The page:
USAPP Managing Editor, Chris Gilson, looks at the week in US state blogging.
On Wednesday, Pine Tree Politics wonders what and who Maine’s Democrats really want ahead of next year’s gubernatorial election. They say that many of the state party’s potential primary candidates have a moderate profile, in contrast to the more leftward drift of the national party.
Continuing on to New Hampshire, Granite Grok reports that a state House Committee has rejected legislation which would ban so-called conversion therapies.
In Rhode Island, RI Future says that politicians, activists, and survivors have celebrated the passage of the Protect RI Families Act, signed by Governor Gina Raimondo this week, which restricts access to guns for domestic abusers.
On Monday, Connecticut’s Make Blue Red comments that for the first time, state Democrats have not got all they wanted in a budget after infighting in the state House caucus over state GOP measures on taxes and limits on spending and borrowing.
Heading on to the Empire State, Capitol Confidential writes that there are two things certain in Albany (the state capital): death and coroner elections, 37 of which are happening state-wide next week. Staying in New York, according to State of Politics the heads of the Erie County Republican Party, Nick Langworthy has called on Governor Andrew Cuomo to answer questions on a recent sexual harassment investigation into a senior economic aide.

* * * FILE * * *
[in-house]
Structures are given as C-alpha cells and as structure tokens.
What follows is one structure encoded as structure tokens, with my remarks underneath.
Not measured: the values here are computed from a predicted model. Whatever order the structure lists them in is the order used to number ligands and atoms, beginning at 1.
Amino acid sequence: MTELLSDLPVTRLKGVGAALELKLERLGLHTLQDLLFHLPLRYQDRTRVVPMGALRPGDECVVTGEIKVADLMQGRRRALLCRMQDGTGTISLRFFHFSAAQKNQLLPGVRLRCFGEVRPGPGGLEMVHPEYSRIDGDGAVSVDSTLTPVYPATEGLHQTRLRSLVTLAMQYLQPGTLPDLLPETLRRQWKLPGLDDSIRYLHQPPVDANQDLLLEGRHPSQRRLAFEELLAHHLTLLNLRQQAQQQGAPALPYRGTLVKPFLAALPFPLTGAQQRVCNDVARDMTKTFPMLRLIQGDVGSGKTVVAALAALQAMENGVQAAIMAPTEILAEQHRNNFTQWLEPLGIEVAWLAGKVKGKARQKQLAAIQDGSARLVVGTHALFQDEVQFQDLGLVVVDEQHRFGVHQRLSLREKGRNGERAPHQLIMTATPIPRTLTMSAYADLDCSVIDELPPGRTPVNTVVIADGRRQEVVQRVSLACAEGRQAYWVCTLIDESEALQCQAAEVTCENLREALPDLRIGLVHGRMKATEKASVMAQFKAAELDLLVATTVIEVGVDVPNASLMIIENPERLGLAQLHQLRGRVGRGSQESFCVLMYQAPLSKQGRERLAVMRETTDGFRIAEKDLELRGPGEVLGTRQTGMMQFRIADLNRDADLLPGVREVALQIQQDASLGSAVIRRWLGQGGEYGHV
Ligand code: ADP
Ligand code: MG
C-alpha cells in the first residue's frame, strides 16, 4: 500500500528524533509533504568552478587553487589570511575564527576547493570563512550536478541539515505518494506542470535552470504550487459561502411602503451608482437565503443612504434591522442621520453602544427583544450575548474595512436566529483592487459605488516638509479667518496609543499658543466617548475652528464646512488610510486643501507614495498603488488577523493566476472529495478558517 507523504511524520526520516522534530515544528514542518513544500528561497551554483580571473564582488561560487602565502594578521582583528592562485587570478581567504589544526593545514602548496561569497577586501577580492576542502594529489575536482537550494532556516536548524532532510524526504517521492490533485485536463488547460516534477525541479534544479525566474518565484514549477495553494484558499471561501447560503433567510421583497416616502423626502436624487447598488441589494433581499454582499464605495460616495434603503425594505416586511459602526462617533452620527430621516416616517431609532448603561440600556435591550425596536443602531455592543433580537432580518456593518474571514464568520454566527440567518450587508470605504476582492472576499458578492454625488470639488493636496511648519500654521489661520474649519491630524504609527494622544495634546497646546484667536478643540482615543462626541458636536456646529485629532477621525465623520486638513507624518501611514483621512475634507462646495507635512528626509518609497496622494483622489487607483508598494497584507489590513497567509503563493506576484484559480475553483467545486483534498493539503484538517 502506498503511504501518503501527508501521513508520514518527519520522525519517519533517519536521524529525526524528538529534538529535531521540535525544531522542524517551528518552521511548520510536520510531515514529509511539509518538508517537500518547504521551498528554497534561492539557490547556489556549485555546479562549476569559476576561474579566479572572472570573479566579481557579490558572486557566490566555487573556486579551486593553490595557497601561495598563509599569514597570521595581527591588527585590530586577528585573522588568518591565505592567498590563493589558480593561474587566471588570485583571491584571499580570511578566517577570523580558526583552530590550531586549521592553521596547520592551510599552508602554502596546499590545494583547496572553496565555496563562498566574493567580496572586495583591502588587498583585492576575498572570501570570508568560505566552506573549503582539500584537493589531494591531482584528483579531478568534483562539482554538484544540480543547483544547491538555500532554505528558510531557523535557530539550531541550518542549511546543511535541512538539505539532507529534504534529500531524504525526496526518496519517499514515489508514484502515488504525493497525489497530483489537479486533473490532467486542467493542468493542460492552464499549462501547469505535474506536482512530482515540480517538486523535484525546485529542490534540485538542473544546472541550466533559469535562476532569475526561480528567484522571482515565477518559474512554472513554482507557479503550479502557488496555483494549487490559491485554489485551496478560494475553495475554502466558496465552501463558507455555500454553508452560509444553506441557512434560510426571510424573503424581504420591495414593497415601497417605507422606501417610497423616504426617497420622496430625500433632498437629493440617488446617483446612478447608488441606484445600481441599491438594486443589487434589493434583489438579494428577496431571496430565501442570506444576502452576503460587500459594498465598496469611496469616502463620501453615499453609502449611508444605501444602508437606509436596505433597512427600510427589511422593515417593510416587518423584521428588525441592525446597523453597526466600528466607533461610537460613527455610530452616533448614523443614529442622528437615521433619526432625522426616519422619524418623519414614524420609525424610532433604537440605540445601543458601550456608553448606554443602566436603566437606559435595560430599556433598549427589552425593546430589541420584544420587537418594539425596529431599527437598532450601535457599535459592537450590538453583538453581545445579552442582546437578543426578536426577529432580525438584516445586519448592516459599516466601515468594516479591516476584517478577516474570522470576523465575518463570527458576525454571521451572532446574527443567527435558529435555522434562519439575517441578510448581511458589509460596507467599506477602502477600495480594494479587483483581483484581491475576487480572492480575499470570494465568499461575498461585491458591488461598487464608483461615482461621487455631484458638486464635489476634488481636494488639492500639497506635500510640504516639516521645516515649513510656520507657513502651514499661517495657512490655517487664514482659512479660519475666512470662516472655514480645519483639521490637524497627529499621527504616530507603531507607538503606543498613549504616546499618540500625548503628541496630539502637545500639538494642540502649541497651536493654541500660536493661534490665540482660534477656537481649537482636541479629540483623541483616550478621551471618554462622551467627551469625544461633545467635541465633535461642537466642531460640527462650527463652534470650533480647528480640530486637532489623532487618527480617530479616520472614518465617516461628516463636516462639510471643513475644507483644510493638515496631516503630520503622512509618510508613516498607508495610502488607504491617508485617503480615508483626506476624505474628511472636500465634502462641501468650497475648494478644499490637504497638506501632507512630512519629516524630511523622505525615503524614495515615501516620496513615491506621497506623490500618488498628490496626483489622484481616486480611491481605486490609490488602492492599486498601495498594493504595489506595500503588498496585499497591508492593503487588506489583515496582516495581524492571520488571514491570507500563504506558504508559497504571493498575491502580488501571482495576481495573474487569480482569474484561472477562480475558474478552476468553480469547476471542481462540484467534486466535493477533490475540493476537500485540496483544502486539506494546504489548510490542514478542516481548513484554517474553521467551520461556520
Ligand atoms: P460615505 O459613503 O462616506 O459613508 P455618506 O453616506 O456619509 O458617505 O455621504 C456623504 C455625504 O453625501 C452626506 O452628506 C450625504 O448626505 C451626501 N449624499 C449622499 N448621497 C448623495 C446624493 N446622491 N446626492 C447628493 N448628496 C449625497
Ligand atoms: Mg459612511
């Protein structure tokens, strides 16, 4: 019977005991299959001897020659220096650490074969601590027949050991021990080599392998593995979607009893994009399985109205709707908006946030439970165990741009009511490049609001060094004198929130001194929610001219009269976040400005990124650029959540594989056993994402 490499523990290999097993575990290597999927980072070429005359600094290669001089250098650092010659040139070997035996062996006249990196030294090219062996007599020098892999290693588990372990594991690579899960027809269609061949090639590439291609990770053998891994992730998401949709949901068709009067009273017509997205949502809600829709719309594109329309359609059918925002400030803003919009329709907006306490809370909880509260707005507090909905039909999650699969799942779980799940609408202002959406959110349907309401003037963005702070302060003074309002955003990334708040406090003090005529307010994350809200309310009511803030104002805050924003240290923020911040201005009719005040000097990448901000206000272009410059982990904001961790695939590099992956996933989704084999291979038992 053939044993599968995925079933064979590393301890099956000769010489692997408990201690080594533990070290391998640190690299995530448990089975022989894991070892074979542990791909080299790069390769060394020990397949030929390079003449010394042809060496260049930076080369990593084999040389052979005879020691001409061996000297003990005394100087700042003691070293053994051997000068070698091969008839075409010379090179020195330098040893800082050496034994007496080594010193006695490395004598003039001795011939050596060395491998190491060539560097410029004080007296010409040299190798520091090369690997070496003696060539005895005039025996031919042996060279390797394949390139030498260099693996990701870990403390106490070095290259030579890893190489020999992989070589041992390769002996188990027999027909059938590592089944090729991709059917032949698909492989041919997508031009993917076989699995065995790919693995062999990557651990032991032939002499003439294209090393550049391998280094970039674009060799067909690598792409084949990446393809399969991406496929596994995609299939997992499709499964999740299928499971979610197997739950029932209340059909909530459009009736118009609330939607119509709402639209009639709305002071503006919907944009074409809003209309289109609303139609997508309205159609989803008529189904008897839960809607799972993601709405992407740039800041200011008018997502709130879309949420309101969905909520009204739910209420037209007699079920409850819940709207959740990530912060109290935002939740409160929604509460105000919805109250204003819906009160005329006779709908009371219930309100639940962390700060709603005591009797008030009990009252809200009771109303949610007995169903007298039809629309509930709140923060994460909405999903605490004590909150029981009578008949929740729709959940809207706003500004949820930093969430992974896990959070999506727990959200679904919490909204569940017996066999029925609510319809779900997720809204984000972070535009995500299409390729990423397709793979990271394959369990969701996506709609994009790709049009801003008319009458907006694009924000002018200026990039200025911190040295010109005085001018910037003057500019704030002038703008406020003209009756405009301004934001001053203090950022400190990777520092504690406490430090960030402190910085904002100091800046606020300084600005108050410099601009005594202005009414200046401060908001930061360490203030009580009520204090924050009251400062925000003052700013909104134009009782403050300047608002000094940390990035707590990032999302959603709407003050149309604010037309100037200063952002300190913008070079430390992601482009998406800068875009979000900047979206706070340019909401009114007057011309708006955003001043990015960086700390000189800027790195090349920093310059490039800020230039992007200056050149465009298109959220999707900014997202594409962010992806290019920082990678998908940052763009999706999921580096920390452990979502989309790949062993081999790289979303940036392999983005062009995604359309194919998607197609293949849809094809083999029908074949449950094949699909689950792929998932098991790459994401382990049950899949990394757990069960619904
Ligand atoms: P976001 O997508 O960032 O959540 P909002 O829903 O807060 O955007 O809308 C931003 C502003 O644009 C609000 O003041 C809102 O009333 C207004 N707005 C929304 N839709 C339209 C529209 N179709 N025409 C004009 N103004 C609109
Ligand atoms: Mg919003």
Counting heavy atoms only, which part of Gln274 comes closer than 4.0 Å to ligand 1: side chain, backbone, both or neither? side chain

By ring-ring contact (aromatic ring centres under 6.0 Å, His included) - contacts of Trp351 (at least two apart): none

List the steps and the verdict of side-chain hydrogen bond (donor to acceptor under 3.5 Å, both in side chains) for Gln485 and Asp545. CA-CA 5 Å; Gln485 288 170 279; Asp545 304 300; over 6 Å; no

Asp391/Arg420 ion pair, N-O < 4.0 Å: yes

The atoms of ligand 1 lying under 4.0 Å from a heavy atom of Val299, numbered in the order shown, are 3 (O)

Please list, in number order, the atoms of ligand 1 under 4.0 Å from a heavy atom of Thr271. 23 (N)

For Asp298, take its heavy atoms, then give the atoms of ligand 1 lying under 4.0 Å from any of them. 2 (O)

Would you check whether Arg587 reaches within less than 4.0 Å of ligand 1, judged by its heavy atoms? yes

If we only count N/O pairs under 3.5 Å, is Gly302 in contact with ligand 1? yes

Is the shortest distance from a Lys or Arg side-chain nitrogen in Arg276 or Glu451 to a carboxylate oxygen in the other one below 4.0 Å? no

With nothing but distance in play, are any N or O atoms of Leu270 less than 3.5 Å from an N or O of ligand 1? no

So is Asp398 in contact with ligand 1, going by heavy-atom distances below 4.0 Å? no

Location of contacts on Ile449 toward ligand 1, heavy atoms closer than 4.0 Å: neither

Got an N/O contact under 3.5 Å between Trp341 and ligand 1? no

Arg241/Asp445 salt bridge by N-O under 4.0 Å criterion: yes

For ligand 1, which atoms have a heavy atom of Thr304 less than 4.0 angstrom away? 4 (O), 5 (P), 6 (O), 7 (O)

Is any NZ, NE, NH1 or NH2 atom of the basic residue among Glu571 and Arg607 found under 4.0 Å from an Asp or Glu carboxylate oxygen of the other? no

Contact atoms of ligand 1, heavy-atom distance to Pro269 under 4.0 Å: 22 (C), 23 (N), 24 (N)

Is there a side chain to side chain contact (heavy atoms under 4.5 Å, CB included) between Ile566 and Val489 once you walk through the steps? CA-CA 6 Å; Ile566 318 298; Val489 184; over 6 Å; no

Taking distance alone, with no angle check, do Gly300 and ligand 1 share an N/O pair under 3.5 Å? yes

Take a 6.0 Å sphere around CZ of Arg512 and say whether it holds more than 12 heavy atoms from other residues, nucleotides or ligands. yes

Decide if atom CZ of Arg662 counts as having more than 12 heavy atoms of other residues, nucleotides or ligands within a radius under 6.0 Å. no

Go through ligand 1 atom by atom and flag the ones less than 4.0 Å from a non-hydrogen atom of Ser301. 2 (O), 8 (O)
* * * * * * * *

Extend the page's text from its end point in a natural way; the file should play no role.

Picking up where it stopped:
As New Jersey prepares to go to the polls next week to elect a new Governor, Save Jersey says that a state Democratic Senator in a swing district has disavowed his party’s gubernatorial candidate’s pledge to make the Garden State a Sanctuary State. Sticking around, Blue Jersey looks at a racist mailer in a local school board election in Edison.
In Pennsylvania this week, PoliticsPA has the news that ahead of the state’s judicial elections, large donations are coming from a small number of donors to candidates from both parties.
On Monday, Political Maryland comments that state Democrats were ‘groveling’ by offering extra education funding at a state teachers’ union convention in the hopes that they would get their support in the party’s gubernatorial primary.
In Kentucky, Blue in the Bluegrass says that GOP Governor, Matt Bevin seems to have little respect for either the state’s laws or its voters, after his office was ordered to pay the expenses of Planned Parenthood following a no-show by his representatives for a deposition in an abortion case.